So, I hypothesize that the best antidote to healthy self-doubt turning into Imposter Syndrome, is to let people know that it is expected that they will struggle sometimes, and they need to feel willing to struggle for a while, and also to ask for help in understanding. Which, having a CTO talk about having self-doubt would definitely help with.

I’m not sure impostor syndrome is a gendered issue and I am disappointed to see it characterized like this.

Hi there! I agree that is concerning. My intent was not to characterize impostor syndrome as a gendered issue, but to point out that there seems to be an expectation that under-represented people in tech will have impostor syndrome. My lens on this as a woman is somewhat unavoidable.

Yes, I agree that the self-doubt part of imposter syndrome is usually something you actually want. I’ve found that the difference between healthy self-doubt and imposter syndrome is the reaction to that self-doubt.

In imposter syndrome, I interpret that self-doubt as evidence of personal ignorance relative to other people: it’s something I should’ve known, so it is evidence that I am incompetent. Then, if I’m incompetent, how did I manage to get hired? It must have been a mistake. Uh oh, I need this job to pay the bills, better make sure that no one figures it out. I had better avoid asking questions so no one figures out how ignorant I actually am.

In healthy self-doubt, I realise that it would be impossible for me to know everything, and interpret self-doubt and confusion as an opportunity to learn something new and useful. And that sometimes even the union of all the things that everyone on my team knows is not enough to answer my question! I interpret it as me bumping up against the absolute ignorance of me and my team. Instead of seeing self-doubt as an indicator of personal competence, I see it as an indicator of growth: if I’m not doubting myself often enough it probably means I’m doing something that is too easy for me, and that I should be doing something harder. I am reminded of this article about what doing a PhD is like:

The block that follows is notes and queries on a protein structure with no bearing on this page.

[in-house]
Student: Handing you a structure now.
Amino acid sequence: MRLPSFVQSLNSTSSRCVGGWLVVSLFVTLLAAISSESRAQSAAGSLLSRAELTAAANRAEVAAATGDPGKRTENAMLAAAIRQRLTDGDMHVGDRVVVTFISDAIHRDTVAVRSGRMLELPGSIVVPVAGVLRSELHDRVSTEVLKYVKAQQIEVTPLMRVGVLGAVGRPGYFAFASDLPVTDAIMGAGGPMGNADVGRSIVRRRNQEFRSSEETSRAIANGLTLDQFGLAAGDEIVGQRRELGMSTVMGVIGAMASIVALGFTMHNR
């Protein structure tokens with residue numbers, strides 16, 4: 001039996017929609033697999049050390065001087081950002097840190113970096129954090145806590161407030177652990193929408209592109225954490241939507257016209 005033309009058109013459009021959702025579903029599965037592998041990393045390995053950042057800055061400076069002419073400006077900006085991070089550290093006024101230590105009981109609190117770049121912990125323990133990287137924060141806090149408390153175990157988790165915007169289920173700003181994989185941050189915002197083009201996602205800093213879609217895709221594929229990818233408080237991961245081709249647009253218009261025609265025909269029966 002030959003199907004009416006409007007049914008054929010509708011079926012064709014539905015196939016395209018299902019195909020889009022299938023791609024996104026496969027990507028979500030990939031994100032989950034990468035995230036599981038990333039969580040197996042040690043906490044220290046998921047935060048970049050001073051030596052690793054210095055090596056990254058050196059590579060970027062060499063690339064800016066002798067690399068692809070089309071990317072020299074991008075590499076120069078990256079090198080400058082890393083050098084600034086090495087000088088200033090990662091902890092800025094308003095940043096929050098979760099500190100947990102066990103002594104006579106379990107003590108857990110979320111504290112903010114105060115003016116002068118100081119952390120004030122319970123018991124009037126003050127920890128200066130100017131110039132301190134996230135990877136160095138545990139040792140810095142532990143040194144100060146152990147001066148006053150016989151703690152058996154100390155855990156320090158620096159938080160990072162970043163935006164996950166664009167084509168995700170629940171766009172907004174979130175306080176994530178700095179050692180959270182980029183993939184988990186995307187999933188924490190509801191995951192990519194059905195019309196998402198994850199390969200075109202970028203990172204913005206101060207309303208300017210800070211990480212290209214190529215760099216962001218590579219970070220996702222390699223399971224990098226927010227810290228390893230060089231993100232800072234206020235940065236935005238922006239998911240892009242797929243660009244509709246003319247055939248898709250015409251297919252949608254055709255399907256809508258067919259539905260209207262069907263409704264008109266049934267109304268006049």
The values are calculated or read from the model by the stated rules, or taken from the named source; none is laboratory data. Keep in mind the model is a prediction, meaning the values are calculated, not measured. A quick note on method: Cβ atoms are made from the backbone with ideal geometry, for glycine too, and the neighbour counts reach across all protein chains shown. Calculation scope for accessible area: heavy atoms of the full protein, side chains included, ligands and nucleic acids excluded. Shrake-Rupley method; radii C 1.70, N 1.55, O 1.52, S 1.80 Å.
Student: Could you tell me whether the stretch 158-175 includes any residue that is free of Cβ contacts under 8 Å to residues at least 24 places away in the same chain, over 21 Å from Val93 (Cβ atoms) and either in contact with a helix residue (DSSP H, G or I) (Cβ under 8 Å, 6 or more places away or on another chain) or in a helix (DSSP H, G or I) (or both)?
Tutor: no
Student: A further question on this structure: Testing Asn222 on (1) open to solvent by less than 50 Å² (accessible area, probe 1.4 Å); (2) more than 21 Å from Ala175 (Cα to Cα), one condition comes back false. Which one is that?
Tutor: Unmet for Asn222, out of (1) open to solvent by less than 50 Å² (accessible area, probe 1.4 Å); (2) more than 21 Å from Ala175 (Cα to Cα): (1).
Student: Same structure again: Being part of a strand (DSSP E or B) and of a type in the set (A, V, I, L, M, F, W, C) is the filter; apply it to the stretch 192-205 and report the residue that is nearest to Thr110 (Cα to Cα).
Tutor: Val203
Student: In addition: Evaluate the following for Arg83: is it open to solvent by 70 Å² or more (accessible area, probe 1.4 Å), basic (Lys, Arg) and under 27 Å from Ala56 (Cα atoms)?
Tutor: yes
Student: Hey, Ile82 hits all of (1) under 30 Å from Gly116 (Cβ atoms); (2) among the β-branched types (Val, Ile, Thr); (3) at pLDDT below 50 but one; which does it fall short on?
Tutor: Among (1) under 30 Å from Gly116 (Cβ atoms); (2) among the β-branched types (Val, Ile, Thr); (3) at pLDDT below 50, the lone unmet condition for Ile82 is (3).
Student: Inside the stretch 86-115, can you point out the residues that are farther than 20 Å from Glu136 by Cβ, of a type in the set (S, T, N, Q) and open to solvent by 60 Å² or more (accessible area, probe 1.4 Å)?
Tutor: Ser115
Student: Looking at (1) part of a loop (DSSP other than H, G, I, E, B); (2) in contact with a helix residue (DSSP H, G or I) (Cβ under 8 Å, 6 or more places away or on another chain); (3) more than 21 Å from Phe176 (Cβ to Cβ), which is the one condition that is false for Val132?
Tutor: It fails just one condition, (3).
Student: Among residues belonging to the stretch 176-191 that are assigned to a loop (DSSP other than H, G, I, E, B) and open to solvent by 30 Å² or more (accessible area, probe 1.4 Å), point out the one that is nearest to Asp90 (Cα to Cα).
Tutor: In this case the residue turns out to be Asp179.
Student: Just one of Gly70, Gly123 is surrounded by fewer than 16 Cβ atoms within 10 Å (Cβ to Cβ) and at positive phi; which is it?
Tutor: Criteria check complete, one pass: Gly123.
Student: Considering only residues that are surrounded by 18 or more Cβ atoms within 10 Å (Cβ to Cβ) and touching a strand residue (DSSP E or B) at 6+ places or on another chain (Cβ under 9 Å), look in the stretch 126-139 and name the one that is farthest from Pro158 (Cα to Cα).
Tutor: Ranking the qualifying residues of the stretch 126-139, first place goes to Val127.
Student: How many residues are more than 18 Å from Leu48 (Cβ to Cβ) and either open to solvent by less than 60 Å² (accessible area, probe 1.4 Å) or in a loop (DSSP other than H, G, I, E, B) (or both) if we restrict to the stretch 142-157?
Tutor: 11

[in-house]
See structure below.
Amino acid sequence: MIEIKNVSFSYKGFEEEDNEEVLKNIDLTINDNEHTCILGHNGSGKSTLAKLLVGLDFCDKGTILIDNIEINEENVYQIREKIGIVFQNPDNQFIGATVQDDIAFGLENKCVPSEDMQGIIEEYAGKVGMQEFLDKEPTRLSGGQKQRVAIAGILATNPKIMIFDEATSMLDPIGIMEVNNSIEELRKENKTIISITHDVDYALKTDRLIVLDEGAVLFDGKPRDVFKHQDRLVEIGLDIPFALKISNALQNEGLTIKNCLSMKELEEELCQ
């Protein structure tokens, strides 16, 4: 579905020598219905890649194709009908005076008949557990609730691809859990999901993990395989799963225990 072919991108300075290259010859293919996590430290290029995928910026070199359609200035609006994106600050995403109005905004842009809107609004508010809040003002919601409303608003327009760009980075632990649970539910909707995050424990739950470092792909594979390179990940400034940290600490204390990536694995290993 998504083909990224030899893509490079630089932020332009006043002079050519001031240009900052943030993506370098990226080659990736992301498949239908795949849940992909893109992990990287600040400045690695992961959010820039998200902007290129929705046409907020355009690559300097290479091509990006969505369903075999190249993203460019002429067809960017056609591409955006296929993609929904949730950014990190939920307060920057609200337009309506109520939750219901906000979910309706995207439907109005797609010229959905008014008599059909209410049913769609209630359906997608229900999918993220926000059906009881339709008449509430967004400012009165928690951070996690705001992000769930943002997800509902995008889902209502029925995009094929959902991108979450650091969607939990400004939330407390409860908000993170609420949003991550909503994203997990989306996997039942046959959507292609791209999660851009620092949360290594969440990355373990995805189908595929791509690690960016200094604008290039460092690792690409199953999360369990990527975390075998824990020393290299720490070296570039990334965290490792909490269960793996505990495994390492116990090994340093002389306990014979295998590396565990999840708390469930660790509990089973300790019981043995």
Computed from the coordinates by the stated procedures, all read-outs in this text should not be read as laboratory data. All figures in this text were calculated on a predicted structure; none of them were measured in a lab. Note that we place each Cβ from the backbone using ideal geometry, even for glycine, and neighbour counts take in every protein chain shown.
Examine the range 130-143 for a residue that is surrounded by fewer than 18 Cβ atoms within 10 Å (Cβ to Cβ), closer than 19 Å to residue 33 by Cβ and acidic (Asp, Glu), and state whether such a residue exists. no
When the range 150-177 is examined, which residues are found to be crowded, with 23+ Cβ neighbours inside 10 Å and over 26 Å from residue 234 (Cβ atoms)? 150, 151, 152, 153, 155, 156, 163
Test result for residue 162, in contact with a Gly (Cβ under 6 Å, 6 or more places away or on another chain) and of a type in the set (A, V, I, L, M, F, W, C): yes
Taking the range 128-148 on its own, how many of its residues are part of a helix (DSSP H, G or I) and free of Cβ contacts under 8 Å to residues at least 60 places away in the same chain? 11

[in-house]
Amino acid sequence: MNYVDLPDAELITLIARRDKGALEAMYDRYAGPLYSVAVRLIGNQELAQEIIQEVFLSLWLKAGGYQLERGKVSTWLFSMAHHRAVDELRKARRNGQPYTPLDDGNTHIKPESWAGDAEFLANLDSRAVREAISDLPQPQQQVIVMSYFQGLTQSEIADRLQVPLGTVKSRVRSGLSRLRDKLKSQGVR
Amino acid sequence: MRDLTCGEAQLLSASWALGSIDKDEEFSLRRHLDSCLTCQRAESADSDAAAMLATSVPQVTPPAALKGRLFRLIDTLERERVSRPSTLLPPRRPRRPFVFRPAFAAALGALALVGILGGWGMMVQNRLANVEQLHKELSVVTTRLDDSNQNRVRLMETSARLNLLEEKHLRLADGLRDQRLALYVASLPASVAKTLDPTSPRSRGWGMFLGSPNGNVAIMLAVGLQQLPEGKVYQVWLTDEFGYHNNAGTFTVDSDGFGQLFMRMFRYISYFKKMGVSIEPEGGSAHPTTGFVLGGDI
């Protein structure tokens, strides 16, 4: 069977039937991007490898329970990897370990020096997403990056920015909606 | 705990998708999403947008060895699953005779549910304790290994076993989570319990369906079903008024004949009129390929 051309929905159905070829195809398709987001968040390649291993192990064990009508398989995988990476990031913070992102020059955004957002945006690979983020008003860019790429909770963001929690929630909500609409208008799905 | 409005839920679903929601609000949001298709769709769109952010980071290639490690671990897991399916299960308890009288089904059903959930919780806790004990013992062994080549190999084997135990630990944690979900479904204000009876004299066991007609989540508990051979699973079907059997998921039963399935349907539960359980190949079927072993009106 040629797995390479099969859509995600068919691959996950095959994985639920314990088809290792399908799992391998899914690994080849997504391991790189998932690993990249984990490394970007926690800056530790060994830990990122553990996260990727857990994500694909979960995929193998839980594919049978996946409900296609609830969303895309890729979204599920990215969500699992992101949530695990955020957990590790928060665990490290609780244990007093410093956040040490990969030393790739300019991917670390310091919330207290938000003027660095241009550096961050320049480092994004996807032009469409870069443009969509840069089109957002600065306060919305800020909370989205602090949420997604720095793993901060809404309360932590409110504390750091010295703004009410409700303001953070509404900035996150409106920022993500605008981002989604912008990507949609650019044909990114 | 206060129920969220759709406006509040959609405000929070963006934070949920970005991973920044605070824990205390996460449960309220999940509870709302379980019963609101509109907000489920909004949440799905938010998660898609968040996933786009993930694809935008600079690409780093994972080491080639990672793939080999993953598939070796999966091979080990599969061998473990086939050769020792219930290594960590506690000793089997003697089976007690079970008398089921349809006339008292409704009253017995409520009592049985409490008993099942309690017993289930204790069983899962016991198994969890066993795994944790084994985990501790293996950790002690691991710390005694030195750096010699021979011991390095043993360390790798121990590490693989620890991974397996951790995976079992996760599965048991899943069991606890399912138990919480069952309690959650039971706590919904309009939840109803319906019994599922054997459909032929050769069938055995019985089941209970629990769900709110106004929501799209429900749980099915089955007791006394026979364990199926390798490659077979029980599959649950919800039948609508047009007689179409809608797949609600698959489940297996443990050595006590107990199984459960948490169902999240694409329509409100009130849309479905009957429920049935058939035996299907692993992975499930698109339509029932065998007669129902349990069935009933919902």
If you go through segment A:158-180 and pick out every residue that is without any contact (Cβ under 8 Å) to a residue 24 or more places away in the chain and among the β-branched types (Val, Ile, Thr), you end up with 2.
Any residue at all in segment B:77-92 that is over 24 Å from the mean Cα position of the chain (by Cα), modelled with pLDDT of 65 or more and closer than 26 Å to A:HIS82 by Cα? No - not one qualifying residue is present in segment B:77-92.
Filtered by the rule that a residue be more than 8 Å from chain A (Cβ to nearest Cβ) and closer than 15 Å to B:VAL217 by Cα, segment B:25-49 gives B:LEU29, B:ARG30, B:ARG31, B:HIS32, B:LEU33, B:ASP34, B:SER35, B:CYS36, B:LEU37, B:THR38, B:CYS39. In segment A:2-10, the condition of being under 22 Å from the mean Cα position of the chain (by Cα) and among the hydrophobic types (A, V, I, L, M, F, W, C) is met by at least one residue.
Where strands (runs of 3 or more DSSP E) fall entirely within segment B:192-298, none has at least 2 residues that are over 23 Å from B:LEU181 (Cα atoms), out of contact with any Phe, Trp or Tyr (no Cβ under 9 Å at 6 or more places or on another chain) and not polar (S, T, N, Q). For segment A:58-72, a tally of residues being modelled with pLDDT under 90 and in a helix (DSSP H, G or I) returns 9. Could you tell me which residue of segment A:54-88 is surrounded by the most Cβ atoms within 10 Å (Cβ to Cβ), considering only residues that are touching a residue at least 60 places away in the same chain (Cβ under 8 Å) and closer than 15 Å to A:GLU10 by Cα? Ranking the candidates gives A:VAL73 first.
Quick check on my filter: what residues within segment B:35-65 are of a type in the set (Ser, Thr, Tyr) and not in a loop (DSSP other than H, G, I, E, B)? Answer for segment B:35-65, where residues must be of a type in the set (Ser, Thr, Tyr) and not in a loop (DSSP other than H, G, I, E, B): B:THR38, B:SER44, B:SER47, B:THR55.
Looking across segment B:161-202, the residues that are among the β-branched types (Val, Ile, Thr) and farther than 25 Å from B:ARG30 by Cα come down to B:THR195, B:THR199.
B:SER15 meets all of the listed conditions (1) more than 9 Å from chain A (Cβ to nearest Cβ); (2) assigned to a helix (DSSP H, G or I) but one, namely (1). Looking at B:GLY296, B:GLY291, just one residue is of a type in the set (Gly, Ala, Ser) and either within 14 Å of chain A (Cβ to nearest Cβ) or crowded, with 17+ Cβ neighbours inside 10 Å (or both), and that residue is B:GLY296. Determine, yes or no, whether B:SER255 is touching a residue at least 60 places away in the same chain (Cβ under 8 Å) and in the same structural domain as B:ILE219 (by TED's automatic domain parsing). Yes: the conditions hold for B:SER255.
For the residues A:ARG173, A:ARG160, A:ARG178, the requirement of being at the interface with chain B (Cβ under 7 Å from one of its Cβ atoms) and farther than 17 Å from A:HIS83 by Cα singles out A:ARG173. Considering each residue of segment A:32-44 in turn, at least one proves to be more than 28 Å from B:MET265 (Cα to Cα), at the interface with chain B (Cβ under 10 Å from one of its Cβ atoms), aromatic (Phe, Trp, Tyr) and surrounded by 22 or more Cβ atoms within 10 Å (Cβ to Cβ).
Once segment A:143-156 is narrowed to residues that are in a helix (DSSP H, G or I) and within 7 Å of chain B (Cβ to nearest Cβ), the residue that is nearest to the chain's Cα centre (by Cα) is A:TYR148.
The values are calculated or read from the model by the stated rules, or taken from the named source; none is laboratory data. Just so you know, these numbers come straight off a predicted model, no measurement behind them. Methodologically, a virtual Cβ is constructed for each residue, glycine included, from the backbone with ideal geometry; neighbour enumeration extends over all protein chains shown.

Actually, now that I’ve typed this up, I think imposter syndrome is the fixed mindset, and healthy self-doubt is the growth mindset. In my eyes, imposter syndrome is the natural outcome of the transition from being assessed on a fixed knowledge set that you’ve learned in class relative to the other students in that class, to being assessed based on how you work cooperatively with others against collective ignorance.

I like your thinking about fixed mindset and growth mindset, that resonates with me. Of course, as tml points out, there may also be something deeper going on psychologically that gets wrapped up into feelings of being an impostor.

I’m glad that while you have healthy self-doubt, as do I, you don’t suffer from Impostor Syndrome, also as do I. But why don’t you explicitly come out and say it? As you indicate, not having Impostor Syndrome is as legitimate as having it. And good for you that you don’t.

I enjoyed this post and the comments! I just thought I’d add that I notice a lot of younger people- like 40s and under- who habitually throw around self-deprecating labels when describing themselves without giving much thought to the idea that these labels describe actual diagnoses! I am guilty of it myself and I hear my kids and their friends doing it too. What I term my “hypochondria” is actually probably an average amount of medical anxiety. My kids talk about their anxiety or their ADHD (neither of which are actual diagnoses they’ve received). Maybe it comes from a desire to commiserate or just a lack of self esteem, or maybe even a desire to normalize real challenges that historically have gone unnamed -but it does seem like something that is far-reaching in our current society. I can see Imposter Syndrome being the “buzzword” people use instead of “healthy self doubt” because it packs more of a punch in the race to outdo one another’s mental challenges that some people engage in. The psychological lingo “hits different,” as the kids say.